Results on direct radiative forcing of aerosols obtained over the tropical Indian Ocean

Jayaraman, A. (1999) Results on direct radiative forcing of aerosols obtained over the tropical Indian Ocean Current Science, 76 (7). pp. 924-930. ISSN 0011-3891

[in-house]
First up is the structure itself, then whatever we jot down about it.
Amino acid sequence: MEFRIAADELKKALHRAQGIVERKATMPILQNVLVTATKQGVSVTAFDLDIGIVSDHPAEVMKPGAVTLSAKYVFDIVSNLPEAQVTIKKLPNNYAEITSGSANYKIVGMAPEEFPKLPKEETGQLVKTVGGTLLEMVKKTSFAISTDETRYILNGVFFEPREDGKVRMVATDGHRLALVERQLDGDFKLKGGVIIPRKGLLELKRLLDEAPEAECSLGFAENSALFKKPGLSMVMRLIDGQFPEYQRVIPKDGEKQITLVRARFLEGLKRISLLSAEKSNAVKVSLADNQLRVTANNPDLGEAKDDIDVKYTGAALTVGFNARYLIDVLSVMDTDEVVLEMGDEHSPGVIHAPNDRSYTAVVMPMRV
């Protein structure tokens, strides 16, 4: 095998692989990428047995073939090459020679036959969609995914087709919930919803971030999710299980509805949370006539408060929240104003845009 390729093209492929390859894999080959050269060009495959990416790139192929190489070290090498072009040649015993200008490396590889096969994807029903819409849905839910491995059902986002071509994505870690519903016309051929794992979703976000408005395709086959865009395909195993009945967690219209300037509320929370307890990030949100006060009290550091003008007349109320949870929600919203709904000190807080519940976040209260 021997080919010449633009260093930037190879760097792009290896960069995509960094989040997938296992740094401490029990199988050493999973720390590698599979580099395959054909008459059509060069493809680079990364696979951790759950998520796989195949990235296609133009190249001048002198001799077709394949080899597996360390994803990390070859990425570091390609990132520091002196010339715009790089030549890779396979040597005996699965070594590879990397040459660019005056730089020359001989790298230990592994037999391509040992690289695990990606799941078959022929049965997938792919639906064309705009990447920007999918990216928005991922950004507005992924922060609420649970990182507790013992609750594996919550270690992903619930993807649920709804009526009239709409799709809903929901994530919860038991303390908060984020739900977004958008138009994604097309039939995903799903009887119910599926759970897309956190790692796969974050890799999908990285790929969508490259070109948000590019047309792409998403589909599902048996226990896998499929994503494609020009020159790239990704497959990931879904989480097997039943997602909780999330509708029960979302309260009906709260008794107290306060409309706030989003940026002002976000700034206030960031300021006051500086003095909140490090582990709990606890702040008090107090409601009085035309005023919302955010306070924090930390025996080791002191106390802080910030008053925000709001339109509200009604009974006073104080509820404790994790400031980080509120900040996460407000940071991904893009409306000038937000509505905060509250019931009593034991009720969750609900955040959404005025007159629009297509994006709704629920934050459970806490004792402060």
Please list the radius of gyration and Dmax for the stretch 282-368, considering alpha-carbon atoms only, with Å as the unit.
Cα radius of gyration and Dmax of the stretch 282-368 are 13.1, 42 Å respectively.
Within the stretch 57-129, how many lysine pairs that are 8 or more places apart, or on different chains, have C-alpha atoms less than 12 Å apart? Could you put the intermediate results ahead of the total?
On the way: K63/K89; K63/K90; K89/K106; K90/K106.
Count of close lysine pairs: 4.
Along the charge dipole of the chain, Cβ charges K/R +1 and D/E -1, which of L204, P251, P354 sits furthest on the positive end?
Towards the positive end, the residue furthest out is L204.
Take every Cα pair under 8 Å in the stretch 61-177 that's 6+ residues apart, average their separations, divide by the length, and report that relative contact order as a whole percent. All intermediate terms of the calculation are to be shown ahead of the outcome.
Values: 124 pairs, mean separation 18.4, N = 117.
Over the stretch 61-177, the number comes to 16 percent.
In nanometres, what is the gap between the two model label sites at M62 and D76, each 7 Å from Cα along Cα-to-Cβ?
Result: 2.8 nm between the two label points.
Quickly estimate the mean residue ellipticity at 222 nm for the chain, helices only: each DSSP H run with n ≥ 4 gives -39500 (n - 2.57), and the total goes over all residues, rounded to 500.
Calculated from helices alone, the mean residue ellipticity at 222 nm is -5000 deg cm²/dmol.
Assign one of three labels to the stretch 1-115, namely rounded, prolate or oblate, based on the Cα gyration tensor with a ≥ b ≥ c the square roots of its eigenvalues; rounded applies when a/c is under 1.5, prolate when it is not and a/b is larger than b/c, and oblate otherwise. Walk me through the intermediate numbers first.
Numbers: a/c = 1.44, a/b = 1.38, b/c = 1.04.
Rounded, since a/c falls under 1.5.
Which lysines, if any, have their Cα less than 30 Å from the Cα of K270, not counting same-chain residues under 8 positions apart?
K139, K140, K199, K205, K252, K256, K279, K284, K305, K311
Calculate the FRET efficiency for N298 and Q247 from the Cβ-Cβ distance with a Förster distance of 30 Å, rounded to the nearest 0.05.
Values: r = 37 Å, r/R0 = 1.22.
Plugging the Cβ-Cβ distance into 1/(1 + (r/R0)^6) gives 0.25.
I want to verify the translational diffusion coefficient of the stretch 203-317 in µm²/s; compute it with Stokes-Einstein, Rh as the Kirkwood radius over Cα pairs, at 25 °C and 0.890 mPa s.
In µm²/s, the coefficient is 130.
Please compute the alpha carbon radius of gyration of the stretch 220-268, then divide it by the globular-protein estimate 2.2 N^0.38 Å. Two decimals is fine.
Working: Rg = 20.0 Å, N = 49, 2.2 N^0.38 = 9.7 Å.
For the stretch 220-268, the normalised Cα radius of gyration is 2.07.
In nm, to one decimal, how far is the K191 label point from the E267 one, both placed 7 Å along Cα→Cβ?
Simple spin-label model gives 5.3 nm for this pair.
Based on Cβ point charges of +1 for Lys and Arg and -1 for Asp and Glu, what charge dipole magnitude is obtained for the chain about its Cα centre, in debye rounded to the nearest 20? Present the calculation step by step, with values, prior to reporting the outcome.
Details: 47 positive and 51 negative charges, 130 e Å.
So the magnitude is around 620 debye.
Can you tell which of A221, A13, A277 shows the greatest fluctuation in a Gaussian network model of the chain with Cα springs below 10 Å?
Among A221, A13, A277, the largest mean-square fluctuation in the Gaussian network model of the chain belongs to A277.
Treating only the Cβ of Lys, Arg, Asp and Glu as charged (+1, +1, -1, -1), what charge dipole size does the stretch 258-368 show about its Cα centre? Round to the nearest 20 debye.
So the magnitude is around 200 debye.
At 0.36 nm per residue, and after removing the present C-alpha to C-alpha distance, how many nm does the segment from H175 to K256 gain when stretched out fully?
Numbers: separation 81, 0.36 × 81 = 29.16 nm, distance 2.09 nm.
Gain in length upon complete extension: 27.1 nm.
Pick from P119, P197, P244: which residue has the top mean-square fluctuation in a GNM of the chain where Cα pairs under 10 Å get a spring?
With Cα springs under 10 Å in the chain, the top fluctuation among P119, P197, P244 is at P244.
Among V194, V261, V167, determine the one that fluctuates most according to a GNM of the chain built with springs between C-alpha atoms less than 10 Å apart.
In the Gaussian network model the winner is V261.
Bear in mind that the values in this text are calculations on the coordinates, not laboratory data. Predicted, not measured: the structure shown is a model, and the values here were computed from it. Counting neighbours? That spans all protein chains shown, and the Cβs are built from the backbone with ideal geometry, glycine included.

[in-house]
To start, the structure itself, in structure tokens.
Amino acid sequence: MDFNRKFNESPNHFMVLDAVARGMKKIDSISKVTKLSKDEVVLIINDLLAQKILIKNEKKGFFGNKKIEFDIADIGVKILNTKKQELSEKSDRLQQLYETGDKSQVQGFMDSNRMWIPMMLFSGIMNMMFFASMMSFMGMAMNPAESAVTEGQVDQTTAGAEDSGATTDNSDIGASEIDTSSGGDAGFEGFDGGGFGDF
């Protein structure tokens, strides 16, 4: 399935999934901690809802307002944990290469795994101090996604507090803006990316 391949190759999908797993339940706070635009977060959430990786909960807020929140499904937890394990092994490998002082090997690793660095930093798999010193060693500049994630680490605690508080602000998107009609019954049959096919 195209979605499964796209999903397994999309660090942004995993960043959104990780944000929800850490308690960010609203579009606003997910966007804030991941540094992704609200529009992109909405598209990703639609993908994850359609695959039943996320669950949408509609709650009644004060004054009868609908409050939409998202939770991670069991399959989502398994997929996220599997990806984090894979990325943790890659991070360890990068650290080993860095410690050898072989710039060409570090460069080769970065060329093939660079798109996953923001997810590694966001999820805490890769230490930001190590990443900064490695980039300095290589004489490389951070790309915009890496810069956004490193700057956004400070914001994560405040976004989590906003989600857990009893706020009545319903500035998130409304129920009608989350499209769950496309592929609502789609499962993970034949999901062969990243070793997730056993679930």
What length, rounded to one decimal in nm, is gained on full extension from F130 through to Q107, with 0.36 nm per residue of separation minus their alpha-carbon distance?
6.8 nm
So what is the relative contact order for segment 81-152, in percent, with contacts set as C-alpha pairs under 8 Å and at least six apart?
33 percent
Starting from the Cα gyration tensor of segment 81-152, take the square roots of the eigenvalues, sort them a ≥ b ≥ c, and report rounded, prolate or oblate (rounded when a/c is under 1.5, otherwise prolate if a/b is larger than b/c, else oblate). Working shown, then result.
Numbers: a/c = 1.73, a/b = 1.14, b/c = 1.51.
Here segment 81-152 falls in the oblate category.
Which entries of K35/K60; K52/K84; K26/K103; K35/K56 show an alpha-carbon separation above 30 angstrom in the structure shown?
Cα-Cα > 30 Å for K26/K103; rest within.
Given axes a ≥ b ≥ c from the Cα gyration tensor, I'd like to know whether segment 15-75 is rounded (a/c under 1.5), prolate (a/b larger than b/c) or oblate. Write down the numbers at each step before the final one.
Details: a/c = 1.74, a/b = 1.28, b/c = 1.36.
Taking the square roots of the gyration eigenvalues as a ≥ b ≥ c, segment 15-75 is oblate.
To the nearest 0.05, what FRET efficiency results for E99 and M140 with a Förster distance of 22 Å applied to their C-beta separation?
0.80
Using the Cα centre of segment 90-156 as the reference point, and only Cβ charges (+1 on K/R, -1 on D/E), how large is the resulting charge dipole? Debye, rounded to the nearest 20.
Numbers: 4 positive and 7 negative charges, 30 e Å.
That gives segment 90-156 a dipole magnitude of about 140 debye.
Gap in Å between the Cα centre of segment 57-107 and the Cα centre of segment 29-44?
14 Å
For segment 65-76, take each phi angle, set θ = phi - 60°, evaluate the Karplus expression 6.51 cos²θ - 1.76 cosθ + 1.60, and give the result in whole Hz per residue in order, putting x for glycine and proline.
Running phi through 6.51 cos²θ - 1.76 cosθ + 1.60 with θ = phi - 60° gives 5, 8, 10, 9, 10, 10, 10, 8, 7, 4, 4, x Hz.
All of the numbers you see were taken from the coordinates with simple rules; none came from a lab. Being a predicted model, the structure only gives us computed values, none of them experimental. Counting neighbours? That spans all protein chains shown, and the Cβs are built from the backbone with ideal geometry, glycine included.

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Aerosols reduce the surface reaching solar flux (negative radiative forcing) by scattering the incoming solar radiation out to space. Various model studies on climate change suggest that surface cooling induced by aerosol scattering is the largest source of uncertainty in predicting the future climate. Measurements made by ORV Sagar Kanya over the tropical Indian Ocean, as part of the pre-INDOEX campaign, in January to March of 1996, 1997 and a998 consistently present aerosol characteristics with large spatial and temporal variations. The columnar aerosol optical depths measured at different spectral bands using a sunaerosol amuont decreasing from north to south, until the Inter-Tropical Convergence Zone (ITCZ). INdependent surface level aerosol size distribution measurments complement the optical depth data. The submicron size particles of radius less than 0.5 um are responsible for the high aerosol optical depths obtained north of the ITCZ. Surface reaching direct solar and global (solar plus sky) radiation intensities are measured using standard pryheliometers, pyranometers and photodiode radiometers. Data on aerosol optical depth and radiation intensities available simultaneously on radiative forcing by aerosols. Combining the 1996 and 1997 cruise data, the diurnal averaged radiative forcing for the tropical Indian Ocean is obtained as -5.2W m-2, which is the reduction in the global flux for avery 0.1 increase in aerosol optical depth. THis is the first ever direct experimental evidence on the aerosol radiative forcing which applies to the aerosols found over the tropical Indian Ocean during January to March. This value is higher than the computed global average value, which is about -2W m-2. The excess forcing could only be explained by an excess absorption by aerosols or by other atmospheric constituents which are hitherto unaccounted for in the model calculations.

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